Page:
Photo Credit: Eric Allen
Okeechobee Music and Arts Festival
With spring semester in full swing, one thing is at the forefront of UGA students’ minds: spring break. Whether your vacation has been planned for months or you’re still weighing your options, there is one factor that should factor into your plans: sustainability.
On the whole, travel is not very green. All forms of travel result in some type of waste or harmful emissions. Even so, there are ways to reduce that carbon footprint as much as possible, resulting in a guilt-free, environmentally responsible vacation.
The Worst of It
The first place to start in planning a sustainable spring break is to know what not to do. One of the most popular options for students is cruises, with hundreds of students booking cruises over spring break, often to Mexico.
On the surface, a cruise seems like a sustainable choice. There are thousands of people aboard the same ship, meaning that many fewer people will book flights to that destination. In an EPA survey, it was reported that a 3,000-person ship dumps about 150,000 gallons of sewage into the ocean each week, with over 1 billion gallons of sewage dumped by cruise ships each year. This large-scale dumping of waste kills marine life, strips oxygen from the water and poses a health risk to all who enter the water near the shoreline.
Though there is no sustainable way to cruise, some ships and cruise lines have taken steps to reduce their environmental impact. Friends of the Earth, an environmental charity, created a Cruise Ship Report Card, grading each cruise line and ship for its environmental impact, or lack thereof. The highest-scoring cruise line is Disney Cruise Line, with an A-minus overall. No other line scored higher than a C.
Compared to cruises, flying or driving to a destination reduces one’s overall environmental impact. The most difficult part of sustainable travel is deciding which method to use, as flying is often the fastest way to travel. Unfortunately, one round-trip flight across the country can produce as much as 20% of one car’s emissions over the course of a year. If more than one person is going on the trip, as is often the case over spring break, it is almost always more environmentally friendly to drive, as those emissions grow higher with every additional car on the road. While traveling by bus or train from Athens is inconvenient, if it’s feasible, those are the most environmentally friendly options.
If flying is the best or only option, there are ways each individual’s impact can be reduced. One of these is to buy a less expensive seat. According to a study from the World Bank, emissions associated with a seat in business class are three times as high as one in coach. If there is no way to reduce emissions, some airlines, such as Delta and United, allow customers to purchase offsets, meaning the airline will donate money to an organization helping to reverse the effects of climate change. If you’d rather donate to a different organization, there are carbon footprint calculators online that determine exactly how much one would need to offset a trip.
One of the most eco-friendly options for spring break is driving somewhere close by, like the beach or a music festival. Okeechobee Music and Arts Festival is held during UGA’s spring break in Okeechobee, FL, an eight-hour drive from Athens. The festival, which promotes sustainability, offers a cheaper ticket for those who carpool called an eco-pass, which can be bought on its website, okeechobeefest.com.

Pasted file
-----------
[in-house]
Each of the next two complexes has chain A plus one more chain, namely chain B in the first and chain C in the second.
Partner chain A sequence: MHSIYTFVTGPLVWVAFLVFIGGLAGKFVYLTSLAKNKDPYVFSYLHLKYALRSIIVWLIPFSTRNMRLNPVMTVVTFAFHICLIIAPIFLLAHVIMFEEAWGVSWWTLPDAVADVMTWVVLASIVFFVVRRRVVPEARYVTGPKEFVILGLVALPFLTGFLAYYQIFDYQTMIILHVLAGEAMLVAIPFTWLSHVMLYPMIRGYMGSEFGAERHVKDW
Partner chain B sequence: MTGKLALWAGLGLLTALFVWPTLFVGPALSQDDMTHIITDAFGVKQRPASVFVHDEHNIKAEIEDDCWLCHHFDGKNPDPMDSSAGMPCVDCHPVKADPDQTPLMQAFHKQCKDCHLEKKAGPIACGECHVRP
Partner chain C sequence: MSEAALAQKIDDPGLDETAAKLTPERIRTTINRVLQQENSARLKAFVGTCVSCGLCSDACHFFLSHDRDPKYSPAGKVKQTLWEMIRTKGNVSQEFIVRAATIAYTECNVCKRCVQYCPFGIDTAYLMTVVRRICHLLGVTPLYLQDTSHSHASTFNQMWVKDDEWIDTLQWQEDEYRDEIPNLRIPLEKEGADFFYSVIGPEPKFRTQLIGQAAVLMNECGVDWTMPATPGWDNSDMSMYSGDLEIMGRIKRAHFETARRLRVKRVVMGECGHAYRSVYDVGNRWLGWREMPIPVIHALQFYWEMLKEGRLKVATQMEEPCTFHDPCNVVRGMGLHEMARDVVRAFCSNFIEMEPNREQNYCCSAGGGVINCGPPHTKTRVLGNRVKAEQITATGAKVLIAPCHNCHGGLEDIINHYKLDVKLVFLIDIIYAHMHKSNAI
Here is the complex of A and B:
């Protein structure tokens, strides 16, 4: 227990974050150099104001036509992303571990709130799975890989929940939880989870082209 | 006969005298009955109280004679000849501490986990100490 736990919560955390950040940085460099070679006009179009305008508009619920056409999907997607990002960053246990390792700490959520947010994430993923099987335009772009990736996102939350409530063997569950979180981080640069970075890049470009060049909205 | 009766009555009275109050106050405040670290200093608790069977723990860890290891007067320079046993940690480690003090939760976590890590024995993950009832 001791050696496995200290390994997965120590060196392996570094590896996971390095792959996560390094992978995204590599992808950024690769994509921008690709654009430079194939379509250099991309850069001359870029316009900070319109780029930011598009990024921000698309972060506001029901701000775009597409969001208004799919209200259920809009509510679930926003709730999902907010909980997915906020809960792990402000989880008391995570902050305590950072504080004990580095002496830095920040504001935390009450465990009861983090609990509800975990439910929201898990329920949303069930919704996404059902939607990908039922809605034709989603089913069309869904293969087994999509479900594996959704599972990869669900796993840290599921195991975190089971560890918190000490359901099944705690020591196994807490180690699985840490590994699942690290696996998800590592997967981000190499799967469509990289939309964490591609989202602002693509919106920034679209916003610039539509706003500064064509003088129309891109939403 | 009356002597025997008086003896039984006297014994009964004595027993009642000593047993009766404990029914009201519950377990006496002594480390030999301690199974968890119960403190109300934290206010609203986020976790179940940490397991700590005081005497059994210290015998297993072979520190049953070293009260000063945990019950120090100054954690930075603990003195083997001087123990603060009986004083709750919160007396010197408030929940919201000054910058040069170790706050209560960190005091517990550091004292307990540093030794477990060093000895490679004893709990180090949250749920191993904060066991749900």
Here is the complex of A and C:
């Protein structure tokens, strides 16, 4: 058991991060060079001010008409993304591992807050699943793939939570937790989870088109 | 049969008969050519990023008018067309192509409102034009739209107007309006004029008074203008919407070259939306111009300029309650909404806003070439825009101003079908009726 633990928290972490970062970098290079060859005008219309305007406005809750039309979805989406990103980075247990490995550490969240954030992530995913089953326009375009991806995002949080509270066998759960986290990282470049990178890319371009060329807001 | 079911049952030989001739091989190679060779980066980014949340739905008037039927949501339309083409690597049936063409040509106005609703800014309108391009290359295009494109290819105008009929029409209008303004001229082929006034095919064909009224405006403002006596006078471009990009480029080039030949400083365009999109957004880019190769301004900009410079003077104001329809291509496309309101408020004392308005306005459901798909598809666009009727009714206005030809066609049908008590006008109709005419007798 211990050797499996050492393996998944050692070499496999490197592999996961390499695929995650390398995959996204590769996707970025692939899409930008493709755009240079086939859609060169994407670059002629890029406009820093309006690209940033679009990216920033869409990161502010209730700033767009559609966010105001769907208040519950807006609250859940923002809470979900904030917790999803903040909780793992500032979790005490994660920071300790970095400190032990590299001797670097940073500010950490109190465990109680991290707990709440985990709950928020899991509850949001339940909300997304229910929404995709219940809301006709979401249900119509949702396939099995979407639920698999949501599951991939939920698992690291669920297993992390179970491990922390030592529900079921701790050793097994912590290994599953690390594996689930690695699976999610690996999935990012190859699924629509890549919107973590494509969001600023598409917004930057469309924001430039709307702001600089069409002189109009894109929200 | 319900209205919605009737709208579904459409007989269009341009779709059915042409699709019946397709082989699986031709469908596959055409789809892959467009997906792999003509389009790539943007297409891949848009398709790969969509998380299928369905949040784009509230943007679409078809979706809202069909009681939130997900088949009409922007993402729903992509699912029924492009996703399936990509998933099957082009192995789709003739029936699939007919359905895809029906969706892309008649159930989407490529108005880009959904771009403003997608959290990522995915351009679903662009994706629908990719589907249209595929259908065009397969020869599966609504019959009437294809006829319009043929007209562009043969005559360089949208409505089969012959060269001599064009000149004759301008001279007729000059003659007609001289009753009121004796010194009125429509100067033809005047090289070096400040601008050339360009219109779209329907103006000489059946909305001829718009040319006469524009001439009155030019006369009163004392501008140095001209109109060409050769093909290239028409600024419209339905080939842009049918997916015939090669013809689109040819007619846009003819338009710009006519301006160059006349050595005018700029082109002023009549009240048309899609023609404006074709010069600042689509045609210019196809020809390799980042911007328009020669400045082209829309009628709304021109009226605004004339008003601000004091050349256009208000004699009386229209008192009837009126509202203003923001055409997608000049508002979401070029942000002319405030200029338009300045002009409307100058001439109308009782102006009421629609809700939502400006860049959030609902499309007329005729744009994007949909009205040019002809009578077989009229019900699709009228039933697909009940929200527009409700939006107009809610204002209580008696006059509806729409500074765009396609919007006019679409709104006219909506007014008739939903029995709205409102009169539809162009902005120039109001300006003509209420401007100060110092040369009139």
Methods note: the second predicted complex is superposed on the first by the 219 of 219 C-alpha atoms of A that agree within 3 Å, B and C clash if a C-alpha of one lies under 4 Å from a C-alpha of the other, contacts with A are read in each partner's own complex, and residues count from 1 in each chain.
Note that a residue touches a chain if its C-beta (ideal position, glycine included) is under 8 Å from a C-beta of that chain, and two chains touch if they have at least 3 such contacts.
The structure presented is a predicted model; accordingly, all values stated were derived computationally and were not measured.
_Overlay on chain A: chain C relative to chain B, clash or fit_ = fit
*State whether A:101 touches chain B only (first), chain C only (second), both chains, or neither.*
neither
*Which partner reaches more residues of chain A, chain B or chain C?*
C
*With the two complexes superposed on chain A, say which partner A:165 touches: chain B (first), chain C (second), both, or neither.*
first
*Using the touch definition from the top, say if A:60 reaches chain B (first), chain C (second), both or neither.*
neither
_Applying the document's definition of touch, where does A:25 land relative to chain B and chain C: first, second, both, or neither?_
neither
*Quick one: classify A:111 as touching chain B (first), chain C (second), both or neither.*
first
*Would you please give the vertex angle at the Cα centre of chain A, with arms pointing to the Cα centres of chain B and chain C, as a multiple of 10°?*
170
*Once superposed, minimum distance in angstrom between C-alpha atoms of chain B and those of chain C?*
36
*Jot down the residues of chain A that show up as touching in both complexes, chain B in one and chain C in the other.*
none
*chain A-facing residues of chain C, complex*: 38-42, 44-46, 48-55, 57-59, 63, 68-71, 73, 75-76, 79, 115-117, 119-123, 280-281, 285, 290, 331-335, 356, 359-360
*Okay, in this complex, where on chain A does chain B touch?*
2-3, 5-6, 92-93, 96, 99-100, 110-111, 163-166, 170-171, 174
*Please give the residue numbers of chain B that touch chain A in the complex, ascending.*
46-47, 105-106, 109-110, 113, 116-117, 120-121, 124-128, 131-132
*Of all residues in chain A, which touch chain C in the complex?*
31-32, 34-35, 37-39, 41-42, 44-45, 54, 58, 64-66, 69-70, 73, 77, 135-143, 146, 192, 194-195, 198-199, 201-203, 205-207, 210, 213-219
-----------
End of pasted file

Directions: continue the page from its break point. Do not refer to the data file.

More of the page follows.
What You Can Do
All these statistics may make it seem like there is no way to travel sustainably. The good news is that there are still small steps that can be taken to go greener—even on vacation. Matt Melatti works at the UGA Office of Sustainability through the AmeriCorps VISTA program, and he says going green while traveling should add to your vacation, not take away from it.
“Many people look at vacation as a break from their daily chores. However, sustainability should never feel like a chore. It is an opportunity to do something great for our world and can add so much value to our daily lives,” Melatti says.
According to Melatti, there are five primary ways waste can be reduced while traveling:
Bring solid toiletries: Solid toiletries are both practical and environmentally friendly. They come without bulky plastic packaging and can be bought in different sizes and quantities, depending on the length of the trip. In addition to shampoo and conditioner, solid perfume and toothpaste can help eliminate virtually all plastic in a typical toiletries bag.
Buy organic sunscreen: Many popular sunscreen brands contain chemicals that are toxic for marine life, which is why buying organic sunscreen is a must if a trip takes you into the ocean. Additionally, organic or natural sunscreen can be gentler on the skin.
Use a bamboo toothbrush: Bamboo is more sustainable than plastic in that it grows quickly and is biodegradable. Making a simple switch like this can help keep plastic toothbrushes that may never break down out of landfills.
Buy plastic-free food containers: Though reusing a plastic container may seem like a sustainable option, the reality is that plastic is often not recyclable and will still end up in a landfill. Stainless steel food containers are a more sustainable option and easier to clean.
Bring a portable water purifier: In some popular vacation spots, the water is not safe for consumption. Instead of buying a case of plastic water bottles, buying a portable, rechargeable water purifier will not only save money but help the environment, as well.